Tibet is a photographer's paradise. Attracted by fantastic snow-covered peaks in the morning sunlight, surging rivers in deep valleys, peaceful yaks grazing on the vast pasture, the culture of ancient festivals, the exotic ethnic customs and the unique religious life, photographers from every corner of the world arrive in Tibet, eagerly raising their cameras to record Tibet themselves. Some people joke that in Tibet even a careless shot will get a picture that is likely to win the top prize of a photo contest. Indeed, Tibet is everywhere full of charm
In order to take satisfying pictures of Tibet, tourists must first make careful preparations. As people may feel weak at high altitudes, it is not encouraged to take too much photographic equipment. However, you'd better take sufficient film since most film sold in remote areas is fake products. Extra batteries are advised, as battery life shortens considerably in low temperatures. Lithium batteries are a good choice. A UV lens will be very useful to protect your camera from the strong ultraviolet radiation. A spare camera should also be packed in your baggage. What a pity it would be for your camera to fail, and cause you to miss these marvelous pictures! Moreover, when you are on the plateau, avoid exposing your camera to the sunlight for too long time, and keep it away from cold, rain, and sandy winds.
When taking photos, you must respect Tibetan customs. In some areas, people believe that it is inauspicious to have their photo taken, so ask first for permission of the people you want to photograph. Giving presents sometimes works well to show your friendliness. In some monasteries, it is offensive to take photos, especially photos of statues in the shrine. Sometimes, a certain amount of money should be paid. The amount depends on the popularity of the monastery. Do not take photos secretly in these places. It may bring about unexpected troubles and even be against local regulations. Finally, remember not to take photos in sensitive military areas.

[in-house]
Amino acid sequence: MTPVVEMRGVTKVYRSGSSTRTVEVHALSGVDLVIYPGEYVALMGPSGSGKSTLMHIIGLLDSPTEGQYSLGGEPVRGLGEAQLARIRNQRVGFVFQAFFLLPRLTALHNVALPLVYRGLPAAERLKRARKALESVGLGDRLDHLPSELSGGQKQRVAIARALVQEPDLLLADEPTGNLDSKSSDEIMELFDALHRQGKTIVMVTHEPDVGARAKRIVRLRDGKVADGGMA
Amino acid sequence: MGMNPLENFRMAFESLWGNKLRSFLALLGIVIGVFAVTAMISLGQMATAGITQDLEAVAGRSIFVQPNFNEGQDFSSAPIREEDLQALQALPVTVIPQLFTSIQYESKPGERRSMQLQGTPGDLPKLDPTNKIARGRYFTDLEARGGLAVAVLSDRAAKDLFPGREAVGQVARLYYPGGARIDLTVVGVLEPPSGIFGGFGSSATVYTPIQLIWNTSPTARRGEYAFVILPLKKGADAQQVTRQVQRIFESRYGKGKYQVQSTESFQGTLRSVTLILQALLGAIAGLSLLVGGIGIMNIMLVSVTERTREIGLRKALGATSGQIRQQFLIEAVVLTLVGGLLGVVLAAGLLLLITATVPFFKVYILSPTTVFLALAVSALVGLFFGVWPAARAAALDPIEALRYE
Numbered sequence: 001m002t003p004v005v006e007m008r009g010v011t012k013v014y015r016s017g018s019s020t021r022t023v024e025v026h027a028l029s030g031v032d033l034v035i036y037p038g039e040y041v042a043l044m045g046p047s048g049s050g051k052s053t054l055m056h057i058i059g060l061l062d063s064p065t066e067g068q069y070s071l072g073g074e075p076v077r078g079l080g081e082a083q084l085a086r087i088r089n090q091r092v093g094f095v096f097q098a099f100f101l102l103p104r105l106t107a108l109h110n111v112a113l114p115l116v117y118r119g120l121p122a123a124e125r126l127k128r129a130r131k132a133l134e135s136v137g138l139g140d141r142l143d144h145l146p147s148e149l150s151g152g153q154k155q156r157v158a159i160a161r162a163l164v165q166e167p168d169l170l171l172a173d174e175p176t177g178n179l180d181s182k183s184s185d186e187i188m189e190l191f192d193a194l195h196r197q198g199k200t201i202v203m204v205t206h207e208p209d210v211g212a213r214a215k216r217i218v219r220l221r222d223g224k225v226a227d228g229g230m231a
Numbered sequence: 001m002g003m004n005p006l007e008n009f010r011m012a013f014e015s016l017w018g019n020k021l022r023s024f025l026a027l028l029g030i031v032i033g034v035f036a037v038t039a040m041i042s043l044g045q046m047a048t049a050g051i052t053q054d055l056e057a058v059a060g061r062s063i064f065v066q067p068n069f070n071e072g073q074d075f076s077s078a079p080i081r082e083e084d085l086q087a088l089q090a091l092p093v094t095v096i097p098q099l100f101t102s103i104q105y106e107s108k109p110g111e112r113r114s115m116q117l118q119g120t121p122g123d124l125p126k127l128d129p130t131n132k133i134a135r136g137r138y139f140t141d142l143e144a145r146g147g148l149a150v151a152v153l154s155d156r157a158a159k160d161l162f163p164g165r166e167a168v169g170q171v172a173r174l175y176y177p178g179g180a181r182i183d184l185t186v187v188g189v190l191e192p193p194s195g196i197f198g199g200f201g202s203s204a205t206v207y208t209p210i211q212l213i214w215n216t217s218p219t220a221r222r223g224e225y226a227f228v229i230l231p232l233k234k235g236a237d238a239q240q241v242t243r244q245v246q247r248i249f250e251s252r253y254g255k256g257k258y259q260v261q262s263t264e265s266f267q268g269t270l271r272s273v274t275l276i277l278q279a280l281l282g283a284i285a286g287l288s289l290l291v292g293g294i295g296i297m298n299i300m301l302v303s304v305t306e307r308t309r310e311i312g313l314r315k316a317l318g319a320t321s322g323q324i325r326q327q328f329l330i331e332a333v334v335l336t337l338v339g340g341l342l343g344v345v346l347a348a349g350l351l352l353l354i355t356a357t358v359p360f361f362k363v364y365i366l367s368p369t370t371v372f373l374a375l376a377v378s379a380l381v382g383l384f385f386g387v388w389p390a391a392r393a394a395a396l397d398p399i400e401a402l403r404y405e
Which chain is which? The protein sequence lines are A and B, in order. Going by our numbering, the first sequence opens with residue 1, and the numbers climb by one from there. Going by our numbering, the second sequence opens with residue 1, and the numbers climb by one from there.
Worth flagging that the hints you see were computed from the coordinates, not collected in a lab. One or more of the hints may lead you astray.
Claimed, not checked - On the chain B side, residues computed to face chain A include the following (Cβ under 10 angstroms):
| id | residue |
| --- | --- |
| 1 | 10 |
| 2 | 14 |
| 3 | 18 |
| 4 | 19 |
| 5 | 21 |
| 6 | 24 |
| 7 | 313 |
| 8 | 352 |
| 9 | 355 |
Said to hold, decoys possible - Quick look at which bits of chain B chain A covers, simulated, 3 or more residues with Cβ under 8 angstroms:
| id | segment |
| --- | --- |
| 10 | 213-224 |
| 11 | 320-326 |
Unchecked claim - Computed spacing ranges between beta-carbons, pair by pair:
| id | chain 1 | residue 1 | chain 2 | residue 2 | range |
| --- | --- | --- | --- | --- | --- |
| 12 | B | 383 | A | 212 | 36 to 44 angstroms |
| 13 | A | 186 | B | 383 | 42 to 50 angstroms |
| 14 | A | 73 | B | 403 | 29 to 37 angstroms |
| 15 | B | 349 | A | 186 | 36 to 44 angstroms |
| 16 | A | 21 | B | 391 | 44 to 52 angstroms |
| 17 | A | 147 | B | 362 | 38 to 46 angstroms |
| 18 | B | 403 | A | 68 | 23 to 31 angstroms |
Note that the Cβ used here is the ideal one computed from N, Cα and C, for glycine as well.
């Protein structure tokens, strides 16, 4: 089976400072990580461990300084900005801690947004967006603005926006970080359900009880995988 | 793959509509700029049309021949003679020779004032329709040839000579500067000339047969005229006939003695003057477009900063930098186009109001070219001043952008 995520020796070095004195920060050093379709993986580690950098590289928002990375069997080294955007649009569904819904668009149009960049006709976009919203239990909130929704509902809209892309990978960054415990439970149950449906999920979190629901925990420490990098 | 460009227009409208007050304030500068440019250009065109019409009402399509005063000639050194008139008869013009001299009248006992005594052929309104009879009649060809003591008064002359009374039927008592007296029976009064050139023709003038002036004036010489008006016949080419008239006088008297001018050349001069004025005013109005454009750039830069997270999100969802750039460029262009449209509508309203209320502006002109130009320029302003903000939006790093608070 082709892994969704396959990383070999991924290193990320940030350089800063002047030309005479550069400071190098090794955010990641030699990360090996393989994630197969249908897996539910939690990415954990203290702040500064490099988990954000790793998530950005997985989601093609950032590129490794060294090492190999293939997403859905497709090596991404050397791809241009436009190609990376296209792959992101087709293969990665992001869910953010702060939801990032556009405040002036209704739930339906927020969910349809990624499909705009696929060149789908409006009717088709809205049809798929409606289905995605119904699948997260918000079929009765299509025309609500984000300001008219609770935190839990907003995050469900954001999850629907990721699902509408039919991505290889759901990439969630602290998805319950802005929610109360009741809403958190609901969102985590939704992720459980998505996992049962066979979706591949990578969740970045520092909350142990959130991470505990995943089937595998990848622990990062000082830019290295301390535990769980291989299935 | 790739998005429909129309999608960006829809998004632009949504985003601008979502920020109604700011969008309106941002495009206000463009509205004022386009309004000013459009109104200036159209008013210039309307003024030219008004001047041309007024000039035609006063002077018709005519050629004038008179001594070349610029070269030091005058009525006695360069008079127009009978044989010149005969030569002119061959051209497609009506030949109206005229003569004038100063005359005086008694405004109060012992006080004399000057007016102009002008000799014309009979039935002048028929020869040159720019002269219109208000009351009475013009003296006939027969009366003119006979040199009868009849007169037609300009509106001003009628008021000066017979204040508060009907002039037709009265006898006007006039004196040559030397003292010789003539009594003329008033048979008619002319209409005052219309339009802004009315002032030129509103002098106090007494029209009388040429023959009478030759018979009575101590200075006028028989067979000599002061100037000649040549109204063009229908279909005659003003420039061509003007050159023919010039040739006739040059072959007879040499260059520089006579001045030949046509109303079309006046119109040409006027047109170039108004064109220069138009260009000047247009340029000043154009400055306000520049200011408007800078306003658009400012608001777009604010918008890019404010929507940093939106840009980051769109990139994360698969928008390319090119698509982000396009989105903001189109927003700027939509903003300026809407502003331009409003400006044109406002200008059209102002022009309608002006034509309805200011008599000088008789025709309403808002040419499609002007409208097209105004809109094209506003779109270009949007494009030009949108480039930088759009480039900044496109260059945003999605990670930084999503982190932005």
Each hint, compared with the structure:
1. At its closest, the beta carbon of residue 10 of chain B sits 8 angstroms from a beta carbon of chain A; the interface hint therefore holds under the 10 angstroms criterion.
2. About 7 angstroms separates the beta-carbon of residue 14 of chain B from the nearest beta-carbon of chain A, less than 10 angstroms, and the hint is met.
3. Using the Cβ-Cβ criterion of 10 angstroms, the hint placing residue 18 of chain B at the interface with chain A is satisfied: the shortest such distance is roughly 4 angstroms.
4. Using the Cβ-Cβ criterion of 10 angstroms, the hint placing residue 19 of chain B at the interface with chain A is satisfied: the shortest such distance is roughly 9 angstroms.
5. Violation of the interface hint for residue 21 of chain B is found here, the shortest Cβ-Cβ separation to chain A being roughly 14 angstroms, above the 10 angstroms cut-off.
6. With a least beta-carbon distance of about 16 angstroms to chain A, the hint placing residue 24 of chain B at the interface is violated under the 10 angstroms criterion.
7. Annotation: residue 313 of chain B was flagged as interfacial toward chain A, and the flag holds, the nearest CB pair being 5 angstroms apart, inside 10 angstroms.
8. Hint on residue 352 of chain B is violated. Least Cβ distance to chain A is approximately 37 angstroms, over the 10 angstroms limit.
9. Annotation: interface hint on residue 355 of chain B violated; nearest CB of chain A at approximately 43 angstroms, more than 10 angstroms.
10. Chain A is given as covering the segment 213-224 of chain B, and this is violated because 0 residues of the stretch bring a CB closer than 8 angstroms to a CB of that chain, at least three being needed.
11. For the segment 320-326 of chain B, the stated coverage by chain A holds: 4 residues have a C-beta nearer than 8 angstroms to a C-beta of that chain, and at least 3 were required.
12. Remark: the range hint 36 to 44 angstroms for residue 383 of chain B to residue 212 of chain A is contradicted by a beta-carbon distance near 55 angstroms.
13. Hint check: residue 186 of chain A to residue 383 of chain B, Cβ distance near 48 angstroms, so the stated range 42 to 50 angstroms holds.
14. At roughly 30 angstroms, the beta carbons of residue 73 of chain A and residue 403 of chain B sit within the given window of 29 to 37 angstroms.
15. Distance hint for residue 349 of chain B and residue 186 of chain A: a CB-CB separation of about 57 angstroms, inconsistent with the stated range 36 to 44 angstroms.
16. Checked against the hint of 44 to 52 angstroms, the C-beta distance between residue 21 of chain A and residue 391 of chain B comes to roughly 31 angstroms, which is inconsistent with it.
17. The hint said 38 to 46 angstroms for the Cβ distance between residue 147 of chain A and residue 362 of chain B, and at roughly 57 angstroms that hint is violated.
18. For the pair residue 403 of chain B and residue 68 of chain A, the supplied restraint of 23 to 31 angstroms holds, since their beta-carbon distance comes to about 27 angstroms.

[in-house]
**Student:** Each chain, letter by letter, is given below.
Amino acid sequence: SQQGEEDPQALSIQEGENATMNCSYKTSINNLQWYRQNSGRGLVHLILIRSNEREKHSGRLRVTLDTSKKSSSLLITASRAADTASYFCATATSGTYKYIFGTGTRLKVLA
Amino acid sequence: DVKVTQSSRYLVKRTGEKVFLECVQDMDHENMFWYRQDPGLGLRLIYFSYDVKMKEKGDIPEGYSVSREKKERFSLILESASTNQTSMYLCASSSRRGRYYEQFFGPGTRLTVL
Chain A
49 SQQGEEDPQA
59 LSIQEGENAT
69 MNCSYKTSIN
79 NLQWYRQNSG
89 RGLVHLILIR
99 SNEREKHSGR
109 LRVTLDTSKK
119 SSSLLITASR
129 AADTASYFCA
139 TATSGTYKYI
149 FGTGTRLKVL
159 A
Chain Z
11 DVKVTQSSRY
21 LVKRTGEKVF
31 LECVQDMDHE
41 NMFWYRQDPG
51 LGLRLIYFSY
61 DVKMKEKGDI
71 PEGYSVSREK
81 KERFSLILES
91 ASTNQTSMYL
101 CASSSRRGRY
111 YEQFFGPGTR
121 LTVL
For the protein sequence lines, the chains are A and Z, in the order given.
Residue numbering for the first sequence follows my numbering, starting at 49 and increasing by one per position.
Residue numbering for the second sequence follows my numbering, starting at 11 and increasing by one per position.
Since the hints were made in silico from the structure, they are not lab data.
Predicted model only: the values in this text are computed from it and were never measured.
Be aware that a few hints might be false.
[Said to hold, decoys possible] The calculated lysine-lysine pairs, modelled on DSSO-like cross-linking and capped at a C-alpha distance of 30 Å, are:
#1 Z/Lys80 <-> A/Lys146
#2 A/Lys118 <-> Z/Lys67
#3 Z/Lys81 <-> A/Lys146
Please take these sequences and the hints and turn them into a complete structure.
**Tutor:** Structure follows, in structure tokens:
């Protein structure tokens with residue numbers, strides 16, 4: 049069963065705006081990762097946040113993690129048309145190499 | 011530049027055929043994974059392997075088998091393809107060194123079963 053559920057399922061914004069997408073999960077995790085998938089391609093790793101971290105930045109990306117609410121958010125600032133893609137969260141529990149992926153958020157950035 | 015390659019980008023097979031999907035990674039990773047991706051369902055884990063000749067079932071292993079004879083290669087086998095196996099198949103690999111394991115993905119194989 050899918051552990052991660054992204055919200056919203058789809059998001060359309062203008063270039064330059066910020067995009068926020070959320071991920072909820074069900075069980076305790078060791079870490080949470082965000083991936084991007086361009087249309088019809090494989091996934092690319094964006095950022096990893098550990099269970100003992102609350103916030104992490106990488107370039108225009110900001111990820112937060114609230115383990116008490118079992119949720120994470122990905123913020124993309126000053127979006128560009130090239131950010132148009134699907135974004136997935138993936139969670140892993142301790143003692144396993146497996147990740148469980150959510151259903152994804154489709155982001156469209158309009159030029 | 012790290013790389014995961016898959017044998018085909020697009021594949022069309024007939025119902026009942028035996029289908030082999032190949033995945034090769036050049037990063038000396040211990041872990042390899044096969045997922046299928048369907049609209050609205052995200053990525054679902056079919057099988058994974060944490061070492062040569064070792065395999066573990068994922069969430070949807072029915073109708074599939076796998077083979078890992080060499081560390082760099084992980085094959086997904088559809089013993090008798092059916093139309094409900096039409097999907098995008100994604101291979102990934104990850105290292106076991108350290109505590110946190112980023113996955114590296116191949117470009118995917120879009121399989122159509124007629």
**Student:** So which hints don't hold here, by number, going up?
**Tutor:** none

In some areas it is very inconvenient to recharge a video camera since there is no power in the villages. Talk to the manager of a restaurant, and perhaps he will help you. Some restaurants generate electric power with their own generators.
Don't let the frequent summer rains stop your photography. The rain can provide some very special photographs. Get a friend to help with the umbrella.